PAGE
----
The Daily Parker

Politics, Weather, Photography, and the Dog

Just to clarify...

The President can't actually change military policy with a tweet:

This morning there is news that there will – for now – be no change in the US military’s policy toward transgender service members. The news comes in the form of a letter shared with members of the press from Chairman of the Joint Chiefs of Staff Gen. Joseph Dunford.

On its face this is no more than a statement of military command protocol and the chain of command. The President is Commander-in-Chief of the Armed Forces, with vast powers that position grants him. But the President does not and cannot just dial up the head of Central Command and order a war. There is a specific and statutory chain of command. Under the 1986 Goldwater-Nichols Act....

There’s process and there’s law and there’s the President. The person of the president does not trump the other two.

So for now, the military can remain open to anyone who is fit to serve. Let's see if the president actually orders the change through channels.

Our most impressive weapon system is obsolete

Navies and naval strategy fascinate me. For 4,950 of the last 5,000 years, if you wanted to project military power fast and hard, you sent your navy. But even during the great naval battles of World War II, engineers had developed missiles and airplanes that could destroy just about any naval vessel anywhere, except (crucially) submarines.

Today, the U.S. Carrier Strike Group, with its 7,000 sailors and aviators supporting the largest military ships ever built, can put 90 deadly aircraft within striking range of any point on earth within 48 hours. If you see an aircraft carrier in international waters off your coast—and you will see it, because it's huge—you might adjust your foreign policy.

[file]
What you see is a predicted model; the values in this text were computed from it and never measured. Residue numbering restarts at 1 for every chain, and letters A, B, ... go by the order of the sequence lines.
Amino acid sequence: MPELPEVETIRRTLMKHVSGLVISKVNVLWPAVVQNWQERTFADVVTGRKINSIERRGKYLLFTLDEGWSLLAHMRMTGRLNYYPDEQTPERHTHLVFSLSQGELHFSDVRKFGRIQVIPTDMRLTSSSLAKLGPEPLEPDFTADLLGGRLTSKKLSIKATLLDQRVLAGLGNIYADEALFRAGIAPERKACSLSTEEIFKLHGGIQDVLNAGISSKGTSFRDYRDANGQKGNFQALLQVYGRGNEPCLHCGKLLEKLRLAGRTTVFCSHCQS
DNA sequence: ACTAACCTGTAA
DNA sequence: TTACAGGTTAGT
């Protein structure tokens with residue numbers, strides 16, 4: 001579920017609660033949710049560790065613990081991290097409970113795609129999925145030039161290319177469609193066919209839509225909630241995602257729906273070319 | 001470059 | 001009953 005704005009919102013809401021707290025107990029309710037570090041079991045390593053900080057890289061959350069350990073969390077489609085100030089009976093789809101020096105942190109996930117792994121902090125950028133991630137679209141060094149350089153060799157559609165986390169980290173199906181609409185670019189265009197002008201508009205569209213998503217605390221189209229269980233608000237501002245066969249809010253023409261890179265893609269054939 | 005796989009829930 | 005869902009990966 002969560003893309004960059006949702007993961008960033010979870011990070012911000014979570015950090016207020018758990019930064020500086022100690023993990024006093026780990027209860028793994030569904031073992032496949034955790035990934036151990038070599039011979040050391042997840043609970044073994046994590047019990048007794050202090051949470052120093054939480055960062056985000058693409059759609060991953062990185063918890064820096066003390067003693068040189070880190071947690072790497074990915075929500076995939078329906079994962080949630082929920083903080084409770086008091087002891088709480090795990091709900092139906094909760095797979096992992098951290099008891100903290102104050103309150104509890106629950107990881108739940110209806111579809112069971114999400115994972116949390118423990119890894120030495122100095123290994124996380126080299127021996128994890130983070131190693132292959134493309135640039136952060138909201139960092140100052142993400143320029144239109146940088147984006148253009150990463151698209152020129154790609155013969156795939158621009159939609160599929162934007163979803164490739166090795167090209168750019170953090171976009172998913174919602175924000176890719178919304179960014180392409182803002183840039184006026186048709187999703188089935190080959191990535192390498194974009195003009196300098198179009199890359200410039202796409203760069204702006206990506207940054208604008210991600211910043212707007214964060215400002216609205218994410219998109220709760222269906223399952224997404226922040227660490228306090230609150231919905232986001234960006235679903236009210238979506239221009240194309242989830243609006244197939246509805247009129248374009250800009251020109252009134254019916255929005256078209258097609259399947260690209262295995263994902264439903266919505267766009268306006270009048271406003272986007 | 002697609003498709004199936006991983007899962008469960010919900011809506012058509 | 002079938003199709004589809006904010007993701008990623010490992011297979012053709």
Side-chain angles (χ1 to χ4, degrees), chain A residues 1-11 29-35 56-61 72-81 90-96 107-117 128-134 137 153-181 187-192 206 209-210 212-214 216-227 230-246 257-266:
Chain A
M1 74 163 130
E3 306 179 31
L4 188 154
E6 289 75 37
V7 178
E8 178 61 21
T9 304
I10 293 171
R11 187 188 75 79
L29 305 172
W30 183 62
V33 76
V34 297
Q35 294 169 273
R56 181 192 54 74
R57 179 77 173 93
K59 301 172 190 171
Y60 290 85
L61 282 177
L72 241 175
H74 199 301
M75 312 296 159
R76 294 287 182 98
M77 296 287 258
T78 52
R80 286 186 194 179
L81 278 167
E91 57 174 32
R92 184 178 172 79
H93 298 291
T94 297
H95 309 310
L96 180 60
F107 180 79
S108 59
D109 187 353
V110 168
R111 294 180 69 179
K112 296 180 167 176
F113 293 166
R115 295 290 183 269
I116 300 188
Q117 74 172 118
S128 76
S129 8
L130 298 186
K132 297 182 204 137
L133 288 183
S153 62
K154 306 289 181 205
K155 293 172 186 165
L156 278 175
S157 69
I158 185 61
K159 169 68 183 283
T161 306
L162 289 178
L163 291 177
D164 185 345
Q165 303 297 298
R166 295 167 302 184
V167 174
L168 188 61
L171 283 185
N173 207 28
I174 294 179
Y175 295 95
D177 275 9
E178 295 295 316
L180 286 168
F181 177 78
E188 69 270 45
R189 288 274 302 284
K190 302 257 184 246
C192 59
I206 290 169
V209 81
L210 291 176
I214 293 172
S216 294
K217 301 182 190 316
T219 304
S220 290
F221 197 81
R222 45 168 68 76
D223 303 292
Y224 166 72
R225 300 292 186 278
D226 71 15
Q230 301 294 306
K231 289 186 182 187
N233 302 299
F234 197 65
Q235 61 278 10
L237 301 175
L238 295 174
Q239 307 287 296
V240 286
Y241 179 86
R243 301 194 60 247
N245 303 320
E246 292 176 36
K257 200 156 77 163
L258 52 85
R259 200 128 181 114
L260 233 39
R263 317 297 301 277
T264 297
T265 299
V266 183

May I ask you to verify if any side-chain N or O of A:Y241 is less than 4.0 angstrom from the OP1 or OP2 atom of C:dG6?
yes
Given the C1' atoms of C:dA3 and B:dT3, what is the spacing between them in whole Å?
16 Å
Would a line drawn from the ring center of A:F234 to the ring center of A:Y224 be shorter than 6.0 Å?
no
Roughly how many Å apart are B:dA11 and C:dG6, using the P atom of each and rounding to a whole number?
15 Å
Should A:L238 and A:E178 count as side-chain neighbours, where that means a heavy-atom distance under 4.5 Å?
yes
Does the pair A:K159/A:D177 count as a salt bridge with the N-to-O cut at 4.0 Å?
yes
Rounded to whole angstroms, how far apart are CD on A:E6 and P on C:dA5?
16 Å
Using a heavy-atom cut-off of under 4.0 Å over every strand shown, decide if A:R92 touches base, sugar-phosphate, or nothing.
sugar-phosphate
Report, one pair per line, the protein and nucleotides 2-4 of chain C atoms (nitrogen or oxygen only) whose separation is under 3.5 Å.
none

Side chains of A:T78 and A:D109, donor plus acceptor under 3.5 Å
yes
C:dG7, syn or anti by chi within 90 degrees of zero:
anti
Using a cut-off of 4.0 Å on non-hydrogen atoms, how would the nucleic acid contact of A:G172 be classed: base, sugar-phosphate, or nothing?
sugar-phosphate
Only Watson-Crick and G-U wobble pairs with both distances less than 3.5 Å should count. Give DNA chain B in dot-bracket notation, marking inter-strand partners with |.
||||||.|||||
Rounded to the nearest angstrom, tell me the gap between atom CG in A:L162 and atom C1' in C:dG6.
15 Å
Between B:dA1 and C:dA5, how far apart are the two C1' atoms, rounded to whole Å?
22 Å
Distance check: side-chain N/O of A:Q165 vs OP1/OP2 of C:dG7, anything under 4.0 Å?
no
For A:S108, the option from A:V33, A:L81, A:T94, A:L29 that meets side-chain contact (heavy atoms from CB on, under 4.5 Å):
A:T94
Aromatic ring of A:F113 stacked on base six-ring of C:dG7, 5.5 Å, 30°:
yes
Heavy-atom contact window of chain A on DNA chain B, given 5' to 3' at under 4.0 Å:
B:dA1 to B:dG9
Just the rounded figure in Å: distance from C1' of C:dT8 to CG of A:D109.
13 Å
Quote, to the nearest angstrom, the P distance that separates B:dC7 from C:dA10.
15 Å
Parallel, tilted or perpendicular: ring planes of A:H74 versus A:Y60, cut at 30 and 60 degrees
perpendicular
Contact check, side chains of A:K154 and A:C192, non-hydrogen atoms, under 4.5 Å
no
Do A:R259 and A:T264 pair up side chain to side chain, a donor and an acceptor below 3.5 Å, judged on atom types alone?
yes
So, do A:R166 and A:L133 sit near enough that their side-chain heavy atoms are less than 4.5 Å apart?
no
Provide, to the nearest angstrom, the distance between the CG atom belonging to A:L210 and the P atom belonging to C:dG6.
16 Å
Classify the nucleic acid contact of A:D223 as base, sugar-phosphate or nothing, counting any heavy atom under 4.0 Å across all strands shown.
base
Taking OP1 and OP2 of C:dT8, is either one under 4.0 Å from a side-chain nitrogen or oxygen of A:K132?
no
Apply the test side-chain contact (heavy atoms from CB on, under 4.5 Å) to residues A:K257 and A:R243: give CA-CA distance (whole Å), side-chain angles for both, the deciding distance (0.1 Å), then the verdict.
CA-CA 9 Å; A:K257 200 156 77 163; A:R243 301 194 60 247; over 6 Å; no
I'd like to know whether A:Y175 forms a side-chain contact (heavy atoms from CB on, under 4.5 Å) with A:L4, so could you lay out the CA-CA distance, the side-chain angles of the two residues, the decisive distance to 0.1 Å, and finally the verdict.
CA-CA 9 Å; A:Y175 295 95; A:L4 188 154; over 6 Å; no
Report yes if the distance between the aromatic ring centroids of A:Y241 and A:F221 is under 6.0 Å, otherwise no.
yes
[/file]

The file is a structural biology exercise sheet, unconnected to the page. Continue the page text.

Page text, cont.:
But note that aircraft carriers aren't the deadliest or most effective weapons systems we have. The deadliest are our nuclear ballistic missile submarines, each of the 14 containing up to 200 nuclear bombs that they can deliver to any point on earth. And to date, no other country has developed effective means of detecting and eliminating them. That's why they're our ultimate deterrent: strike the U.S. with nuclear weapons, and our submarines will end you.

Aircraft carriers, as previously noted, are quite obvious to everyone. And their attack range is less than the strike range of Chinese missiles. Which makes one wonder, what are they for anymore? Bloomberg has more:

For several years, the Pentagon has “admired the problem” of how long-range enemy missiles affect its carrier fleet but has avoided tough decisions about how to increase the fleets’ aircraft range and provide for more unmanned aircraft, said Paul Scharre, senior fellow and director of the technology and national security program at the Center for a New American Security (CNAS), a nonprofit think tank. Meanwhile, the Navy’s strike range from its carrier wings has actually dipped by 50 percent, below 500 miles, according to Jerry Hendrix, another CNAS analyst.

Last year, the they recommended scrapping the Ford-class carriers after the Kennedy’s completion and boosting the Navy’s offensive range with a greater reliance on unmanned aircraft, including a long-range attack platform. The Navy’s submarine fleet would also grow to 74, from 58, under the author’s recommendations, which reflected a 2 percent annual increase in Pentagon funding.